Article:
Earlier today, we updated the stories for a number of injured players – Jason Heyward, Addison Russell, Ben Zobrist, Kyle Hendricks – the Cubs have gone without this season. And although there wasn’t a ton of good news to report, each does seem to be making some progress towards a return.
But there’s another key player the Cubs have gone (and will continue to go) without for sometime, and that’s outfielder Kyle Schwarber.
After a painfully slow start to the season, Kyle Schwarber began to show some small signs of life in the month of June. Unfortunately, what he did begin to show was far too little too late, and he was demoted to Triple-A Iowa on June 22.
Following that demotion, we heard some words of explanation and encouragement from Cubs President Theo Epstein, but it’s time to hear from the man himself, now that he’s debuted at Iowa.
Indeed, in articles from The Des Moines Register, ESPN, and the Chicago Sun Times, as well as a video from the Sun Times, Kyle Schwarber opened up about his demotion. You can and should check out his comments in full from each of those sources, but we’ll hit the highlights.
- If we know anything about Kyle Schwarber, we know that his extraordinarily tough work ethic is matched only by his confidence. To that we shouldn’t be surprised to learn that he’s responding well to his demotion. “I’m not going to back down at all — trust me,” Schwarber said. “My goal is to get back up there as soon as I can — and I’m going to work my butt off.”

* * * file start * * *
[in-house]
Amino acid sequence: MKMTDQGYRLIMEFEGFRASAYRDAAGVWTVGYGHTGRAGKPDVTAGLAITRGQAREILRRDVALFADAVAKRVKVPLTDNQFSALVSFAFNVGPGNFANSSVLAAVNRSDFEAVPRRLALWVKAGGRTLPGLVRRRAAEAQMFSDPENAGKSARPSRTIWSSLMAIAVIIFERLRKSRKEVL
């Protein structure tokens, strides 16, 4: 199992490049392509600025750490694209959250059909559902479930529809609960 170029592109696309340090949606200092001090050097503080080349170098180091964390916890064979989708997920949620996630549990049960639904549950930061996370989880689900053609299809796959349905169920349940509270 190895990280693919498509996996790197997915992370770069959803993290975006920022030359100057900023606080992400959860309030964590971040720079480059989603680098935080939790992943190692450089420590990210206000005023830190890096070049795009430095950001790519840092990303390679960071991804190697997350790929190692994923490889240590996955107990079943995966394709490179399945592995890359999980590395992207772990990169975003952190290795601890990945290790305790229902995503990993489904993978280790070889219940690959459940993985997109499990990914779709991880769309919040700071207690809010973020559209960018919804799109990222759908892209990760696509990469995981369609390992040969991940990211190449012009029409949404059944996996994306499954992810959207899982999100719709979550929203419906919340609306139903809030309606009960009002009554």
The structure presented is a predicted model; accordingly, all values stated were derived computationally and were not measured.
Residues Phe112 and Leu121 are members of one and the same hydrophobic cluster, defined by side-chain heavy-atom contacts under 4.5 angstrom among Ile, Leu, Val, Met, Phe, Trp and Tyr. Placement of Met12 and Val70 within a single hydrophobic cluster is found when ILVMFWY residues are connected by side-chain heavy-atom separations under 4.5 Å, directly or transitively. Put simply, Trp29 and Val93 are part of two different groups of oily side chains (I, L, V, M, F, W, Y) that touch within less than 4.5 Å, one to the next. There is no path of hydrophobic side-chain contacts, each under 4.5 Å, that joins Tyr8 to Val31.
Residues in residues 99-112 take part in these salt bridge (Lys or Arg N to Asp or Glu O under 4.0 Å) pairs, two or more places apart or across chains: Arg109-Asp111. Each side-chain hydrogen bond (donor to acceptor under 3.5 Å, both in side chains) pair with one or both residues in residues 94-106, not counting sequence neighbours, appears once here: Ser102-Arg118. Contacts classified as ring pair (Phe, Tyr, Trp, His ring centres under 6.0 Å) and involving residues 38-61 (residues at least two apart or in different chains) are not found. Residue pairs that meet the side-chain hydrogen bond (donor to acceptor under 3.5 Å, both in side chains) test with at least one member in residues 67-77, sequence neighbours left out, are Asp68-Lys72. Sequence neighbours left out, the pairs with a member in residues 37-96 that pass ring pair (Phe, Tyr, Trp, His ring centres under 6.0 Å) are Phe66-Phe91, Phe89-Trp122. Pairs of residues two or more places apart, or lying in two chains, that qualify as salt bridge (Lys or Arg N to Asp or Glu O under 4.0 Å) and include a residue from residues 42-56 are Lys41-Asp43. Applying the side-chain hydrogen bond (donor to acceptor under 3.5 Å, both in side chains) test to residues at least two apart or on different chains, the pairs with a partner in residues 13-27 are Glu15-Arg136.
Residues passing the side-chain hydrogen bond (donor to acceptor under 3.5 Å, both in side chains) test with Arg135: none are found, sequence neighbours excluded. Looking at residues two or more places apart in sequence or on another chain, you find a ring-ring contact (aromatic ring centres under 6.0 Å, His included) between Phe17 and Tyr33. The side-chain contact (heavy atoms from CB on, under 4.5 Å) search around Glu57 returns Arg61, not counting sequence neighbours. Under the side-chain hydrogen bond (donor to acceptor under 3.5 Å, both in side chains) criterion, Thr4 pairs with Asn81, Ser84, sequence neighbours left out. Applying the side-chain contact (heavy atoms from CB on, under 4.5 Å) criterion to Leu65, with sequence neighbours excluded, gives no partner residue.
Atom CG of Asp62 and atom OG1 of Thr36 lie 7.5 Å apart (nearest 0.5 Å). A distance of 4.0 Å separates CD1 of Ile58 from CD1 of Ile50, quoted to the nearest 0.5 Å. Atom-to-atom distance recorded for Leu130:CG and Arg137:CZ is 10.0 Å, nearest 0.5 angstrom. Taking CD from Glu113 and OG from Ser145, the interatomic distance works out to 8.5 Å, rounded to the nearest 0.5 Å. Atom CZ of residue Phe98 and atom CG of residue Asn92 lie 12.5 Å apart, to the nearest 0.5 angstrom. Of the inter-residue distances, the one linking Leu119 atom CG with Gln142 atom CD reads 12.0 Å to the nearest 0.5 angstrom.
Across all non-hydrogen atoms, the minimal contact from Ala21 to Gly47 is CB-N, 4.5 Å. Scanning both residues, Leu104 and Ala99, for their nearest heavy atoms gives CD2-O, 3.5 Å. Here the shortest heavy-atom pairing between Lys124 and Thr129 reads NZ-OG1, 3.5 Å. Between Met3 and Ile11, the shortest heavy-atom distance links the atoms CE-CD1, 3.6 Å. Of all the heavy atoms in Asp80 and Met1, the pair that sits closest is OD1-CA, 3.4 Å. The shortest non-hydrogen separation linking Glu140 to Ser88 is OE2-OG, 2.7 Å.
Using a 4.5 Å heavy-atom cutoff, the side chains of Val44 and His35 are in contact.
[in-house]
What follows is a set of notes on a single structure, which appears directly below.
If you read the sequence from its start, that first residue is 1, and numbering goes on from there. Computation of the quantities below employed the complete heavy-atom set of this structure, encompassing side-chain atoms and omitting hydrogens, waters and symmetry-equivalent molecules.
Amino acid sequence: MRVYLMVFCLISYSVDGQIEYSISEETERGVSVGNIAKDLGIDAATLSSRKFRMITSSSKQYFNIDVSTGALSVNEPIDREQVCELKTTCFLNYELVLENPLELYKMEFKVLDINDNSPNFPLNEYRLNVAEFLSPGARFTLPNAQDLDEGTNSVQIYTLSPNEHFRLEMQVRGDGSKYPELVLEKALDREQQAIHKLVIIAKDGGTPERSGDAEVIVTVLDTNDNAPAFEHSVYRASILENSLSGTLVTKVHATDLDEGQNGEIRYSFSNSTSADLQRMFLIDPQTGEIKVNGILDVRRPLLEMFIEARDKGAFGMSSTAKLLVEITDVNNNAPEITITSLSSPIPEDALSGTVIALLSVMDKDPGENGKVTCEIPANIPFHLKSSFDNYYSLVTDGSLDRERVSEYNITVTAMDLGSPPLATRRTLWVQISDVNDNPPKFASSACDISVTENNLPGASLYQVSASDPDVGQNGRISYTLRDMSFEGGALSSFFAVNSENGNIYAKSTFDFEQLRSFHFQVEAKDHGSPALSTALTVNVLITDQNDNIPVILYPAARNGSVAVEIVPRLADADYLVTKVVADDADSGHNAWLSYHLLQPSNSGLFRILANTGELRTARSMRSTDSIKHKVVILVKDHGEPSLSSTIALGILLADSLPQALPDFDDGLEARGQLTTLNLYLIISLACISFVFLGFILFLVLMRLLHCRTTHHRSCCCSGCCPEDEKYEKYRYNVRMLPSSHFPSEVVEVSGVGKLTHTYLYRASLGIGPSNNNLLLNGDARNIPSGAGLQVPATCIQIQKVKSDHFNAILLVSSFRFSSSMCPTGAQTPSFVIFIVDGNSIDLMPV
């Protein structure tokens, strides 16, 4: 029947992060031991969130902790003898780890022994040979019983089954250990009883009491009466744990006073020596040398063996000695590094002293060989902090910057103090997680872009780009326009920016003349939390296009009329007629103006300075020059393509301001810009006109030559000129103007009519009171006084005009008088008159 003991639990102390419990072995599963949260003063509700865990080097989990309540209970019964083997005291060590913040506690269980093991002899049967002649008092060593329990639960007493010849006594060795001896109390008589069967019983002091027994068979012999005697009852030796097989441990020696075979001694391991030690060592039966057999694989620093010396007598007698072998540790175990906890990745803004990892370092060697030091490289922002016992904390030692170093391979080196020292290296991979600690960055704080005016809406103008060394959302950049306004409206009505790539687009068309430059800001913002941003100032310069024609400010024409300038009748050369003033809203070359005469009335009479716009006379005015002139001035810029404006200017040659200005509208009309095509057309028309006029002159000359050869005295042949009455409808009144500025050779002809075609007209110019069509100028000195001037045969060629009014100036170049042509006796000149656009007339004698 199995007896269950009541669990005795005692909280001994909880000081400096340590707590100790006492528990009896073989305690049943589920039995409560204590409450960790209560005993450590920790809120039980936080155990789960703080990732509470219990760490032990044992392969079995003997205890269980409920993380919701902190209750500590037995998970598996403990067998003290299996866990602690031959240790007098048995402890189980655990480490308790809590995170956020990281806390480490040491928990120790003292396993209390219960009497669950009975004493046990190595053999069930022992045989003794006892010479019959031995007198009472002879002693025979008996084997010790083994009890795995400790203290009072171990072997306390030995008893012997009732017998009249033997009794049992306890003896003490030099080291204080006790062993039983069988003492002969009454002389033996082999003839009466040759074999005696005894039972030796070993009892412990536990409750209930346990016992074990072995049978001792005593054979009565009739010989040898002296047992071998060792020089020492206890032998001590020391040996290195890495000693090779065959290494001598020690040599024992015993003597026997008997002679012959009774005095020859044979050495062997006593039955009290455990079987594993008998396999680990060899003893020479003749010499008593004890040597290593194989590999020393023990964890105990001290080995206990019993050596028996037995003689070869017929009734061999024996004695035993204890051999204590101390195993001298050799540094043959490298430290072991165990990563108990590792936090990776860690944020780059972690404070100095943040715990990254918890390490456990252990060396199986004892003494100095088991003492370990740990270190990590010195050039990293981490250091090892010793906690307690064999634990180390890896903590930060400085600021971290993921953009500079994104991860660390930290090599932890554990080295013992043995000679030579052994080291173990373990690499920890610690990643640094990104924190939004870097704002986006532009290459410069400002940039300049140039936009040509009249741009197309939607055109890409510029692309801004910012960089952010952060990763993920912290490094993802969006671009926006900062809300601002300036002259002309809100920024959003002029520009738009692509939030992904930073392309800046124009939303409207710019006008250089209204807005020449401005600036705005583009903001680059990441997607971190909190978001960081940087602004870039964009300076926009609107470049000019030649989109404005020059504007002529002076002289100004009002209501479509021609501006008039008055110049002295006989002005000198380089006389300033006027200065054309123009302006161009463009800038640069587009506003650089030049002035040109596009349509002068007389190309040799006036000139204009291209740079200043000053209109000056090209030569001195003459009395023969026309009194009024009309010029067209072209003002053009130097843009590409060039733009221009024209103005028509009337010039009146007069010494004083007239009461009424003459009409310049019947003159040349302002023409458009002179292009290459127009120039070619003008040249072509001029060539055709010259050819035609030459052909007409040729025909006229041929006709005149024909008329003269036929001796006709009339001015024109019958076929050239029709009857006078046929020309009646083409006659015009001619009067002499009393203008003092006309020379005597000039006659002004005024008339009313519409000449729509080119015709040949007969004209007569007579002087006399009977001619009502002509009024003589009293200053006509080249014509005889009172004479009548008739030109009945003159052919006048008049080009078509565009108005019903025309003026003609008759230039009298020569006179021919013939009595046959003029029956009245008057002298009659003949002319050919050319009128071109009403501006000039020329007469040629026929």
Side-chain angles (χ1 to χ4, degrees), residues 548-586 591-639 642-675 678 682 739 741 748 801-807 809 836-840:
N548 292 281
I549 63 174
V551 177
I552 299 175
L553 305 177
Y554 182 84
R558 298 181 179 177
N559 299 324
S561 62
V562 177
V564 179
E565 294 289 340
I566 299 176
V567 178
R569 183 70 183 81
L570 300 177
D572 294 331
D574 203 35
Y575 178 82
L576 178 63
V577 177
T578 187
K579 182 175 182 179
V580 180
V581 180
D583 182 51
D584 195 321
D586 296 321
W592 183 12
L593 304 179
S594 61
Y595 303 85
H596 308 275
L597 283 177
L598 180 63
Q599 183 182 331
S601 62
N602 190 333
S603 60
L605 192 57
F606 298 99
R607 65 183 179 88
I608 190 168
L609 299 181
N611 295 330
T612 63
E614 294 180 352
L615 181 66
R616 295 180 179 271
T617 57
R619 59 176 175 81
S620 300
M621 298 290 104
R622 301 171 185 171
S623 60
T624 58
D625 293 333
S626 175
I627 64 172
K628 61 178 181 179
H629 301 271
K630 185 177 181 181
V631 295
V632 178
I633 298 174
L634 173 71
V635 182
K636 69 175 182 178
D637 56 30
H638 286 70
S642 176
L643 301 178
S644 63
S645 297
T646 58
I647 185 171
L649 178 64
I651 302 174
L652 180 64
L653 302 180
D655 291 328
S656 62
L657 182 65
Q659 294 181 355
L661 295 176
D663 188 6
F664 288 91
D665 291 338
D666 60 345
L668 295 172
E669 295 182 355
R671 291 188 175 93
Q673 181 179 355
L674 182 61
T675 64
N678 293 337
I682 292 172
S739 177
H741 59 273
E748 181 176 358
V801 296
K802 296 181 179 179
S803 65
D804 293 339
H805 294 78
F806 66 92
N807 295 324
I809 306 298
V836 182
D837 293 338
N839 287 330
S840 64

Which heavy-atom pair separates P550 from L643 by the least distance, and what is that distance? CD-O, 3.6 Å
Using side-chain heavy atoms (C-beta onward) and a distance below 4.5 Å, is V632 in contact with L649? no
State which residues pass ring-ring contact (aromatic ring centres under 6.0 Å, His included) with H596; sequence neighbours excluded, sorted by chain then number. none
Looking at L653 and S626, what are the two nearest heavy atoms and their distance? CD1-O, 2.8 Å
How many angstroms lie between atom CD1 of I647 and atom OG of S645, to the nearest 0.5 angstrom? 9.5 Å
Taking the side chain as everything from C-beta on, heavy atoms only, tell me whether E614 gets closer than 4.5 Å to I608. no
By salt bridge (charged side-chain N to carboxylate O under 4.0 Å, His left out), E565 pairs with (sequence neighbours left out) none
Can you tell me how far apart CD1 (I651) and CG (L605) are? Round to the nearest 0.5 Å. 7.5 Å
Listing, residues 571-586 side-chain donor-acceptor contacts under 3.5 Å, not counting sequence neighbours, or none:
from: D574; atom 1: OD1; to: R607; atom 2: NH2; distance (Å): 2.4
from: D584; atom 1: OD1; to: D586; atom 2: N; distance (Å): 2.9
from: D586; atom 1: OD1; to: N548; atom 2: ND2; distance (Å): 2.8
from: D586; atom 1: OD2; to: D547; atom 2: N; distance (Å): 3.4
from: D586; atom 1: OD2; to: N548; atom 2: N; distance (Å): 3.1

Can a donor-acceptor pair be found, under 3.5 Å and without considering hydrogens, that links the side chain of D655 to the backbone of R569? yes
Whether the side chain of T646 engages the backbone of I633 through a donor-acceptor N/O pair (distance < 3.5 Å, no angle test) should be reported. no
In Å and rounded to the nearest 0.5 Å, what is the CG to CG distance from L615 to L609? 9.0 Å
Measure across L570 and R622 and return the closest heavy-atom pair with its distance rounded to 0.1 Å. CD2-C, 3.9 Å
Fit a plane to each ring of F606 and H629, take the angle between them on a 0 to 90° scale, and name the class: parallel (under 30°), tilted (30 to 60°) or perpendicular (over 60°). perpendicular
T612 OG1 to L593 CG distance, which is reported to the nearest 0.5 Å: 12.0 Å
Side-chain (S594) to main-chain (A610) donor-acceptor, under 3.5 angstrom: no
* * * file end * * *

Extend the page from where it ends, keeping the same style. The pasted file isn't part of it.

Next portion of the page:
- I should point out that Schwarber got his new Triple-A career off to a slow start last night, with three straight strikeouts to begin the game. But in his fourth at-bat, he crushed a long single off the outfield wall. I doubt, very sincerely, that he’ll struggle much with Triple-A pitching for long.
- As to why he feels he was demoted, Schwarber is very honest with himself: “The numbers spoke for themselves.” He went to Iowa with a .171/.295/.378 slash line for the season. He later added that obviously no one wants to come back down to the Minor Leagues (especially after having the amount of success Schwarber has), but the opportunity will allow him to relax and get back to being himself.
- This feels like a good spot to remind you of what Epstein said about Schwarber at the plate: “These days he looks more like slugger than hitter, and Kyle’s a hitter first. He’s a hitter first who has power, but it’s gotten away from him, and we have zero doubt that this will be good for him.” You may have forgotten, but before the 2016 knee injury and 2017 struggles, many suggested that Schwarber would actually be the best overall hitter (especially in terms of average) on the Cubs. He never lost his power (his .207 ISO ranks third best on the Cubs this season), but obviously his batting average slipped to new depths. Hopefully, he’ll get right at Iowa.
- But what does that really entail? After all, it’s not like he’s working on a complete swing overhaul like Jason Heyward did over the winter, right? Right. “I’m not here to change everything,” Schwarber said. “I want to stay myself. I want to get back to myself. I’m going to be confident while I’m doing it.” According to Jed Hoyer, Schwarber needs to get his swagger back, because his struggles at the Major League have sapped him of his usual swing. The idea, then, would be to let him go pound on Triple-A pitching in a low pressure environment and have him bring that “swagger” back up to the Major League level.
There’s no indication of how long he’ll be down there, but I’ll tell you what: betting against Kyle Schwarber sure seems like an awfully silly move.
More from Schwarber, himself, here: